Do Actions Speak Louder Than Words? - Scientists & Engineers on Sofas (and other furnishings)

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Why do we gesture? What role do simple hand movements play in some of the most fundamental aspects of language? Susan Goldin-Meadow has dedicated her career to asking, and answering, those big questions. Her eponymous lab at the University of Chicago studies gesture’s role in cognition, development and the acquisition of verbal language. Goldin-Meadow visited the National Science Foundation to discuss some of her most exciting work – examining how gesture can change the way we think....

Computational biology of cancer

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Endometrial cancer affects 48,000 women per year in the United States. For patients with tumors greater than two centimeters in diameter, the effected organ(s) and lymph nodes may be surgically removed. Yet post-surgery analysis shows that only 22 percent of patients had metastasis, meaning 78 percent of these surgeries may have been unnecessary. How can doctors predict which patients need surgery? Mathukumalli Vidyasagar discusses how new computational algorithms from National Science...

Robotic hand with a delicate grip – Empire robotics at CES 2015

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In industry, fragile or difficult-to-grip items require a delicate touch. That’s why Empire Robotics, funded by the NSF Small Business Innovation Research program, is bringing the VERSABALL to the marketplace. The VERSABALL is a spherical robotic hand filled with granular material that conforms to and grips objects.   At the 2015 Consumer Electronics Show, Empire Robotics displayed their innovative soft gripper technology by outcompeting human challengers with precision ping pong...

Snowflakes photographed by new high-speed camera

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In the late 1800's, Wilson Bentley and Gustav Hellmann began photographing snowflakes. Their photos would go on to spark the public's fascination with snowflakes. Today University of Utah engineer Cale Fallgatter and atmospheric scientist Tim Garrett are using a new camera system that photographs free-falling snowflakes. The technology behind the camera that revealed the intricate, imperfect beauty of snowflakes can now expose their potential danger. About three years ago, a new...

Ultrafast lasers and Archimedes - Scientists & Engineers on Sofas (and other furnishings)

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When it comes to ultrafast lasers, Margaret Murnane’s name is one of the best known for her work in this field of science. Since 1999, she has been a professor at the University of Colorado’s NSF-funded JILA Physics Frontier Center, where she and her husband Henry Kapteyn pioneer research in ultrafast x-ray science. Additionally, the two also own a small laser company. Margaret is credited with building one of the fastest lasers ever, operating in matters of merely femtoseconds. After a...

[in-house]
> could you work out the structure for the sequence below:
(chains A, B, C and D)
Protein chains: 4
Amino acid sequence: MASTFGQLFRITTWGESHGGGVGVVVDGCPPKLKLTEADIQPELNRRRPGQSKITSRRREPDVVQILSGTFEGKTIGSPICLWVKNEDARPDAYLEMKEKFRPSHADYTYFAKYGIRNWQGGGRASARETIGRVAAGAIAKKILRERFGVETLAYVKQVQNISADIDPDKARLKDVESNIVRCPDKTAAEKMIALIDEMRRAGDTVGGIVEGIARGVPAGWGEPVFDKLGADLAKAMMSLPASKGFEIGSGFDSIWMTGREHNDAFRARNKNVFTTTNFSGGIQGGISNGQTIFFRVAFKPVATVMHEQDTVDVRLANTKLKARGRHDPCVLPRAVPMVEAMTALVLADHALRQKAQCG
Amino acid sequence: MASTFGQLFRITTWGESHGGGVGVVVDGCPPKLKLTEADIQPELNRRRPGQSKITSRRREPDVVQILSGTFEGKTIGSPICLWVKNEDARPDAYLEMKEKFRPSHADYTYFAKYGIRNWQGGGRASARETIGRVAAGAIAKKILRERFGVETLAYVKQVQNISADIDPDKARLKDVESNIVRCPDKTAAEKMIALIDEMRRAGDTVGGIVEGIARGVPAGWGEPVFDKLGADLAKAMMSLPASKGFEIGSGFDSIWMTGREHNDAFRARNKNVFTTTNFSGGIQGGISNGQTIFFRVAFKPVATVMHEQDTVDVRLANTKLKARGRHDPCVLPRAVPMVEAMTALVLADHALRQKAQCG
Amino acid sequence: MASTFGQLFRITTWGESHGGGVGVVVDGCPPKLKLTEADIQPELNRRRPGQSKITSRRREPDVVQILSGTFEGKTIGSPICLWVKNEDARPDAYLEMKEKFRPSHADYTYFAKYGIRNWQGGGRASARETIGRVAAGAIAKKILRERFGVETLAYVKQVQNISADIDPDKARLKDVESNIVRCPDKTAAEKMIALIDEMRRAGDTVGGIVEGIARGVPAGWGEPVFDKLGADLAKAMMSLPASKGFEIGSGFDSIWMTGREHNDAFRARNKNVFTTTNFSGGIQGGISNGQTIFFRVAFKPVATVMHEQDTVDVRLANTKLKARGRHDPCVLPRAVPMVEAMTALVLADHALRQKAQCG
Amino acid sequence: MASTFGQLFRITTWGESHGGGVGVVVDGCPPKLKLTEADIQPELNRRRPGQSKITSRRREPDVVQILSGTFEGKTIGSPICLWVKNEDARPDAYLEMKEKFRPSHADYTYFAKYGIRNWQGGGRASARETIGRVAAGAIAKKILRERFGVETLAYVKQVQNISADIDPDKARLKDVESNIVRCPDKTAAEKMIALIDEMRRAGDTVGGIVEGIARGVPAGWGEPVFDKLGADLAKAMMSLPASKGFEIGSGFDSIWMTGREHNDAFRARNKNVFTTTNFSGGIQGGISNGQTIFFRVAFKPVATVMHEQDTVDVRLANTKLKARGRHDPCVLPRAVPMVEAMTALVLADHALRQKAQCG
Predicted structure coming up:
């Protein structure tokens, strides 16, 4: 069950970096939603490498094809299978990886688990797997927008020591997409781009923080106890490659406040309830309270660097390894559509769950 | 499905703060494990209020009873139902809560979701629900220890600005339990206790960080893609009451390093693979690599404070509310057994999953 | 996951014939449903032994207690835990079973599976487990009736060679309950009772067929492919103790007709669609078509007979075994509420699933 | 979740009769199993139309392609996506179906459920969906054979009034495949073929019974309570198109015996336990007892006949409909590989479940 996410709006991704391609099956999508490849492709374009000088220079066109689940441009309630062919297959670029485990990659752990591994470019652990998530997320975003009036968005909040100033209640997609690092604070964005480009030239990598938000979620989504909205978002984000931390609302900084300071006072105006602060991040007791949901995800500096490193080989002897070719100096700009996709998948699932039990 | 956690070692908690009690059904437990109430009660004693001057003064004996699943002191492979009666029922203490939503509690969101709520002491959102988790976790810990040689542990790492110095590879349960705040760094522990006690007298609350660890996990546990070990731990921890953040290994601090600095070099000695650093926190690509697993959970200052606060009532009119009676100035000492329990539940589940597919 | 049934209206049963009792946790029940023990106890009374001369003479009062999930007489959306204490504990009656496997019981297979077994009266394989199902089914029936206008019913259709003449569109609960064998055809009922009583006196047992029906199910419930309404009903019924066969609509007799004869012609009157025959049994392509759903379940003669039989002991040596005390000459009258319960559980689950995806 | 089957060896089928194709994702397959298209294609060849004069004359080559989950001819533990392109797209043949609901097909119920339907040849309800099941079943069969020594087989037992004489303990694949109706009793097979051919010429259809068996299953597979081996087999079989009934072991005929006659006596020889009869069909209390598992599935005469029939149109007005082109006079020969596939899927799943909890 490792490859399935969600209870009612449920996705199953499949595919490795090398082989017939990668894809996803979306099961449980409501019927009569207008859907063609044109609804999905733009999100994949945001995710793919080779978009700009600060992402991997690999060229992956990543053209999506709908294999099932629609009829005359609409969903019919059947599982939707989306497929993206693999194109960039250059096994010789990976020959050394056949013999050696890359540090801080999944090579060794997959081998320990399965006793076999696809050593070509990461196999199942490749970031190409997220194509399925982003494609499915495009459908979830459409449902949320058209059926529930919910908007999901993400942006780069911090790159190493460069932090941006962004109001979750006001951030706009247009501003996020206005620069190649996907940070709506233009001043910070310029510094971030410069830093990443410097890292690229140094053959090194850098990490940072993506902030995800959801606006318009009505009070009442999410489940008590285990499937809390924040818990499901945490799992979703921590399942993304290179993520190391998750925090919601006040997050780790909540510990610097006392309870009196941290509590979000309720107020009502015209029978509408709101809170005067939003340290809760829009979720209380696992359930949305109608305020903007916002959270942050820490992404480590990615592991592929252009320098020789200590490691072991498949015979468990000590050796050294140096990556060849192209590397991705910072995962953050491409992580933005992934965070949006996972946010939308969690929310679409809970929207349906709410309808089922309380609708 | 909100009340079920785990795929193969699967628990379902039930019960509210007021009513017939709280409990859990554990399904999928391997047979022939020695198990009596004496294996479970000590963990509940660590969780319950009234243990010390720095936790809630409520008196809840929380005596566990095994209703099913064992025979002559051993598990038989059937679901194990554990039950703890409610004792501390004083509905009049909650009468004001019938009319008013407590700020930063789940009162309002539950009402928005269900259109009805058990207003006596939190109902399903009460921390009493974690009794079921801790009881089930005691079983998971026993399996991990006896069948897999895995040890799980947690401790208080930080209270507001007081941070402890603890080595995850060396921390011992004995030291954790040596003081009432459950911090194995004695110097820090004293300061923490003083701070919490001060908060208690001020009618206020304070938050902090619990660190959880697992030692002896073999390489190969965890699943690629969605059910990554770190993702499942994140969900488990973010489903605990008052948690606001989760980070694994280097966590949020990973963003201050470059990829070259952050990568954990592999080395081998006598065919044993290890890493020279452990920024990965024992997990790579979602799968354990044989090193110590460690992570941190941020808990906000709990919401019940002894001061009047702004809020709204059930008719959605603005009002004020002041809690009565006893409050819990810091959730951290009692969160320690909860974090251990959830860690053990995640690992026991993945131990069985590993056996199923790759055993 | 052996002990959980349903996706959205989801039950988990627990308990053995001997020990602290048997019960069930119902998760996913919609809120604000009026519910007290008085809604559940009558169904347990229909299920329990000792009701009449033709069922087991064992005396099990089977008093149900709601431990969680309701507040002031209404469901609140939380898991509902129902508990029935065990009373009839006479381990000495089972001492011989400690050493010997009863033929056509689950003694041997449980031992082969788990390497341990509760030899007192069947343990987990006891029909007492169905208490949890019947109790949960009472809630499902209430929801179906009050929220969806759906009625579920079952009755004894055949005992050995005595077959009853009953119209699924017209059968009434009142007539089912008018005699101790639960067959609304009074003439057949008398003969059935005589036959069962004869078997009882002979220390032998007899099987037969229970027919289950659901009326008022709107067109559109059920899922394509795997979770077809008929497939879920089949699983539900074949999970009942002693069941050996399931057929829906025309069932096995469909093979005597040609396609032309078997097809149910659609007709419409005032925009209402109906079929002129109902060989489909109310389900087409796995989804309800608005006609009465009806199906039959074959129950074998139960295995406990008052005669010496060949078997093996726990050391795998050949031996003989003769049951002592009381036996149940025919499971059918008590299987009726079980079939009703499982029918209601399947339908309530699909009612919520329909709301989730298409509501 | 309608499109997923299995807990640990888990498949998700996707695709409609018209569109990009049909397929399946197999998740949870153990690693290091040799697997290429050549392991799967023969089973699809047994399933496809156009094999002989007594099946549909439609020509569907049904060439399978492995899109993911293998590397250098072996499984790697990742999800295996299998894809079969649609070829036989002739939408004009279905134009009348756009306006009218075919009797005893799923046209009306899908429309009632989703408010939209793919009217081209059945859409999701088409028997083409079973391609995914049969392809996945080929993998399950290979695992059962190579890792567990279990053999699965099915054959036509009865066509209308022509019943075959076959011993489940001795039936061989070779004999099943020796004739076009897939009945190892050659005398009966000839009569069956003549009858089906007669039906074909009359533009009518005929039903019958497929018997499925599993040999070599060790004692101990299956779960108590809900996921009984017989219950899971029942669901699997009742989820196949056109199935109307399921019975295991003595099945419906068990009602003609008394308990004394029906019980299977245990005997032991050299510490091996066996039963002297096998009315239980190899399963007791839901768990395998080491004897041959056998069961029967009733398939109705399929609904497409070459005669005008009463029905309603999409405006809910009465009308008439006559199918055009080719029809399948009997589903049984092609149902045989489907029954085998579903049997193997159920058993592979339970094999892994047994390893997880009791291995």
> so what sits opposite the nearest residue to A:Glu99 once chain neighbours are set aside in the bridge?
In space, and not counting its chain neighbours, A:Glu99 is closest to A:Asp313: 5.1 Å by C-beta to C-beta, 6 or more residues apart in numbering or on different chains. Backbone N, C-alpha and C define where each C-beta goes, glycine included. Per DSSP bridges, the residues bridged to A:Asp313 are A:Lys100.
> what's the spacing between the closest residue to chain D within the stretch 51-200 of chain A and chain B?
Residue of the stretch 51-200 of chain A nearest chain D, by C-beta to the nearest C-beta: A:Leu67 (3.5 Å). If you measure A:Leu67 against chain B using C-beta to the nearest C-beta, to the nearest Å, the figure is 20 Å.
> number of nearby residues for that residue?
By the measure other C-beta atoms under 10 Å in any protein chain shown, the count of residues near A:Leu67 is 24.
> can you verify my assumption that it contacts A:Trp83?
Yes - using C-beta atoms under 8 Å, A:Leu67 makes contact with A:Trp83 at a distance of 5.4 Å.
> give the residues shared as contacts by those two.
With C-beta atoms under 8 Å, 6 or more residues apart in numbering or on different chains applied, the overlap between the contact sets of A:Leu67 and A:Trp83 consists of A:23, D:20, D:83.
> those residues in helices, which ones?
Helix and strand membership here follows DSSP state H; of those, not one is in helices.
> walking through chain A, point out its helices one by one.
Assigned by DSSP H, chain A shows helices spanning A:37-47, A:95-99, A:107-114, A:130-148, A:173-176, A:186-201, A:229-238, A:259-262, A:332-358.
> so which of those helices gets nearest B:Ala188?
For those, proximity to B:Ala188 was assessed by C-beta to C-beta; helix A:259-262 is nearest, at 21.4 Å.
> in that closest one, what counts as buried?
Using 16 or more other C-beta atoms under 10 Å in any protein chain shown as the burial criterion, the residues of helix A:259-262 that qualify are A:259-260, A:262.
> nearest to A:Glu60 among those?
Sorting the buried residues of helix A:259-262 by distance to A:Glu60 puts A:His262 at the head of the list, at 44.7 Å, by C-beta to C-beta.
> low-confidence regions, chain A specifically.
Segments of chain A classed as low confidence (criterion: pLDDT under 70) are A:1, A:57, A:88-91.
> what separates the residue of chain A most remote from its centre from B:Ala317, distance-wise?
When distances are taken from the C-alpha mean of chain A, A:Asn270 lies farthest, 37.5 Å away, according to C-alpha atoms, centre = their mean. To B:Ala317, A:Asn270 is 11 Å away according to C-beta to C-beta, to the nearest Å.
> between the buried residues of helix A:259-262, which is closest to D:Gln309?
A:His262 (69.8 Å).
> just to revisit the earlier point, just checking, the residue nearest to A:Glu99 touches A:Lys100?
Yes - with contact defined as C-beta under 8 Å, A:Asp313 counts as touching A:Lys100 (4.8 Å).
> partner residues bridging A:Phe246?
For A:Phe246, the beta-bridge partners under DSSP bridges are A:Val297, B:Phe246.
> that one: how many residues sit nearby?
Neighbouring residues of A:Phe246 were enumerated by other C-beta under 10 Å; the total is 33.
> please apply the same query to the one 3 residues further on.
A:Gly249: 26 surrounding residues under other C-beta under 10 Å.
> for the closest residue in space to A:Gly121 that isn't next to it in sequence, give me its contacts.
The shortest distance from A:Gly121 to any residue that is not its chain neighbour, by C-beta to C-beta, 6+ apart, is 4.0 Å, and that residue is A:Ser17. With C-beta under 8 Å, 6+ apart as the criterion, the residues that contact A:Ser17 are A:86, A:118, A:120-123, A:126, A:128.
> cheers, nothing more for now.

Smart vents to save energy – CES 2015

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NSF-funded small business Keen Home has developed a smart vent that opens and closes to reduce uncomfortable hot and cold spots, save energy in unused rooms, and tailor a home’s heating and cooling to fit specific lifestyles. The new wireless system will respond automatically based on users’ habits and presence. Keen Home co-founder Nayeem Hussain explains how the smart vents integrate into daily life. Keen Home is funded through NSF’s Small Business Innovation Research program....

NSF and Popular Science announce 2015 Vizzies winners

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The Vizzies celebrates the use of visual media to clearly and accessibly communicate scientific data and research. It recognizes the finest illustrations, photographs, videos, graphics and apps, whether produced by academic researchers, artists or hobbyists.

Autonomous robot does laundry

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People typically consider doing the laundry to be a boring chore. But laundry is far from boring for artificial intelligence (AI) researchers like Siddharth Srivastava, a scientist at the United Technologies Research Center, Berkeley. To AI experts, programming a robot to do the laundry represents a challenging planning problem because current sensing and manipulation technology is not good enough to identify precisely the number of clothing pieces that are in a pile and the number that...

Engineering the spark that starts wildfires

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Hot metal fragments can be created from power lines, overheated brakes, railway tracks, or any other manner of metal-on-metal action in our industrialized society. The particles can reach more than 5,000 degrees Fahrenheit, around the boiling point of most metals. Although these bits cool as they fall to the ground, they can ignite a flame that quickly spreads if they land on a prime fuel source like pine needles or dry grass. At least 28,000 fires occur each year in the U.S. due to...

Shoe-based tech helps amputees get extra mileage out of physical therapy - CES 2015

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It looks like Fitbit for feet, but it’s actually Google for gait, according to Stacy Bamberg, CEO and founder of Veristride. Veristride, a small business funded by NSF’s SBIR/STTR program, is developing tools to help amputees rehab faster with gait analytics. Wearable insoles pair with walking data analytics to provide people with information about how they walk to improve their performance. At the 2015 International CES, Bamberg explained how the tech may help people track their...